Note: You can see in the image above that the Open Bills list has three alternate views that you can open by clicking on them in the drop-down list: Item Receipt, Credit, and Unapplied Payments. If you have questions on any of these, we can explain them to you, since you should know when to consult these lists. 


Changing the View


Bill Tracker defaults to the broadest view possible. That is, when you select a category of transactions, it shows all of the active ones. But a series of drop-down lists below the main toolbar gives you control over what subset of information is displayed there. You can narrow your list down to one vendor, for example, and choose a date range.


Data columns are different for each list. When you’re displaying Overdue transactions, the labels read Vendor, Type, Number, Date, Due Date, Aging, Status, Amount, Open Balance, and Action. You get a thorough description of each entry at a glance.


Taking Action


As we said earlier, Bill Tracker lets you work with transactions as well as just view them. Click on Purchase Orders and open the drop-down list at the end of one of the rows in the Action column. You can see in the image below what your options are there, including Convert to Bill. When the Open Bills list is active, you’ll be able to click on Pay Bill.


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Open the drop-down list in the Action column to see what you can do with the selected transaction.


To see what else you can do with individual transactions or groups of them, look in the lower left corner of the screen and locate the Batch Actions and Manage Transactions buttons. With the Purchase Orders list open, click in the box in front of one or more to create a checkmark. Open the Batch Actions menu. You’ll see that only two options are available to you here; the others are grayed out. You can Print Selected Purchase Orders or Close Purchase Orders. Pay Bills is only active when you’re in a list that allows that.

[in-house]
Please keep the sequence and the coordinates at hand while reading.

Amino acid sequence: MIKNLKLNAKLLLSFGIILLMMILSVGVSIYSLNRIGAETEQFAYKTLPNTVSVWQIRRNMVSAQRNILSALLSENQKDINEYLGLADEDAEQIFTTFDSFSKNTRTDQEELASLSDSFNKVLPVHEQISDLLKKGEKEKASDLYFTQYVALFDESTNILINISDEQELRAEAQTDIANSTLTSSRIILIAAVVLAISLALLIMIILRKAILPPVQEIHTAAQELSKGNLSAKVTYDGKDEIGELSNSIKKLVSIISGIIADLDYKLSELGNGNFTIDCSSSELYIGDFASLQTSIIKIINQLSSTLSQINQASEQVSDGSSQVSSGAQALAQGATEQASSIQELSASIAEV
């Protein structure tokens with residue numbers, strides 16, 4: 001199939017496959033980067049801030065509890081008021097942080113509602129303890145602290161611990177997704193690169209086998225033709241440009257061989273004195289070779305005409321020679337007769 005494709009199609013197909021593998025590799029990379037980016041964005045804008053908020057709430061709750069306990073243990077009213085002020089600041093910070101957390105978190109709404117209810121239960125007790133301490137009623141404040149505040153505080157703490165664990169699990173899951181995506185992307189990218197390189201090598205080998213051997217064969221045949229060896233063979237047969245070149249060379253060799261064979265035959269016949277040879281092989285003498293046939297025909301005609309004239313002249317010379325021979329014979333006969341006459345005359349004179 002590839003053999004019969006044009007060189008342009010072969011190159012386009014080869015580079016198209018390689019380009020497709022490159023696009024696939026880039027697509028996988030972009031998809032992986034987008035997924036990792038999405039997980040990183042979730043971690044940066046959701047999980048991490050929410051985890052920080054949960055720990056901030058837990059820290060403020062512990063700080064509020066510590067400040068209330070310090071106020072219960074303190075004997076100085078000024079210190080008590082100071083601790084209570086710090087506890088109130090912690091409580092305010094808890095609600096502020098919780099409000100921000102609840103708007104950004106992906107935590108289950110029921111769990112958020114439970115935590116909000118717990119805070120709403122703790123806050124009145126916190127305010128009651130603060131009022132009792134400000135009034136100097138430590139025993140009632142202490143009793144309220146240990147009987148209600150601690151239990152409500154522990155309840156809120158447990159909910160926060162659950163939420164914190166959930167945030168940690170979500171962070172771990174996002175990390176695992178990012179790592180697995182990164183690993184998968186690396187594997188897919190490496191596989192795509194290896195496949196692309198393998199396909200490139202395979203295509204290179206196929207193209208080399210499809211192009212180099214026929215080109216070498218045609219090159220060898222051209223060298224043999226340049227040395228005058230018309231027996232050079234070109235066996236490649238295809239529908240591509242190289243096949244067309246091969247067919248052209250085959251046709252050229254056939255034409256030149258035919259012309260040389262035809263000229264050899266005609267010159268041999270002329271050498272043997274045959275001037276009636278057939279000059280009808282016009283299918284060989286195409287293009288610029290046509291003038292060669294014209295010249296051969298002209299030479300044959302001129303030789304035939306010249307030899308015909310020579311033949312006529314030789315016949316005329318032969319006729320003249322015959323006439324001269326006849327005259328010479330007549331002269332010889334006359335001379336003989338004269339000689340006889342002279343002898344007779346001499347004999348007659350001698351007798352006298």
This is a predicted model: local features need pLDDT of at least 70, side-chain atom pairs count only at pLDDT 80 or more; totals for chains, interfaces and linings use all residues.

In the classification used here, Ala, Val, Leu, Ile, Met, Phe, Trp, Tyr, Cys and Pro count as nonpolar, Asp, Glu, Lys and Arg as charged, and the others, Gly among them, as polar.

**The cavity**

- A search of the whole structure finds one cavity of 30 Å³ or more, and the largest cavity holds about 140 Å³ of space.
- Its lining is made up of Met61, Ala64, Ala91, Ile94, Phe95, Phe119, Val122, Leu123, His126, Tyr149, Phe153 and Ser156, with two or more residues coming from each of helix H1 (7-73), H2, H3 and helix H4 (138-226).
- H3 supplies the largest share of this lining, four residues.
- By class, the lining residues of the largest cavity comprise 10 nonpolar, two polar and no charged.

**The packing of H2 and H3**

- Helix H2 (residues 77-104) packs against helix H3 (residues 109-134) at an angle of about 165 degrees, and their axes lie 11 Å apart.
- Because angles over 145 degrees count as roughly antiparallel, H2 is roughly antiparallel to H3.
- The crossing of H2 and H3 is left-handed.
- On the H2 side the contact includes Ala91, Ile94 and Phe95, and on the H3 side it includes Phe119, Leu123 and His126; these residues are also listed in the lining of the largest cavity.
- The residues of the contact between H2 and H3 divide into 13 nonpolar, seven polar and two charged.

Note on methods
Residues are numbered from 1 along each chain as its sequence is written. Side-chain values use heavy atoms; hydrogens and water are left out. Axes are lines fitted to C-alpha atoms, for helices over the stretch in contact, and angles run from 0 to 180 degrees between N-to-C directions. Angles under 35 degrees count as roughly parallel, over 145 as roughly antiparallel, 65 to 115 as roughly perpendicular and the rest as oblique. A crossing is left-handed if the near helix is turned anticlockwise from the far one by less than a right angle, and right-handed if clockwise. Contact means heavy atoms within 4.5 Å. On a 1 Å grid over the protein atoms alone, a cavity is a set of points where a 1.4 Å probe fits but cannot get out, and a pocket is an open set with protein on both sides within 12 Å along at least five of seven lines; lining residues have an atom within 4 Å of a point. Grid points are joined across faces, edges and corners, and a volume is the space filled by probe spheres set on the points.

Now, open the Manage Transactions list. You can create transactions from this menu by clicking on Purchase Order, Bill, CC Charge, or Check. If you select Edit Highlighted Row, the original transaction will open.


Warning: Remember that you should never write a check to pay a bill if you’re using QuickBooks’ bill-payment tools. If you’ve already entered the bill, click Pay Bills on the home page or open the Vendors menu and select Pay Bills. Talk to us if you have questions about this process.


QuickBooks offers multiple ways to take the same actions in accounts payable; Bill Tracker is just one. But this instant overview can tell you quickly where you stand with your vendors -- and help you avoid late payments.  


Social media posts


Did you know QuickBooks provides many ways to help you pay bills on time? Bill Tracker is one of them. Here is an overview on this useful feature.


QuickBooks’ Bill Tracker gives you an instant overview of your active accounts payable transactions. Are you using this useful feature? We can show you how.


If you’re using QuickBooks’ bill-paying tools, never write a check to pay a bill. You must use the Enter Bills and Pay Bills links. Find out how here.

QuickBooks’ Bill Tracker lets you work with accounts receivable transactions as well as view them. Find out more here and ask us about how this useful feature can help you.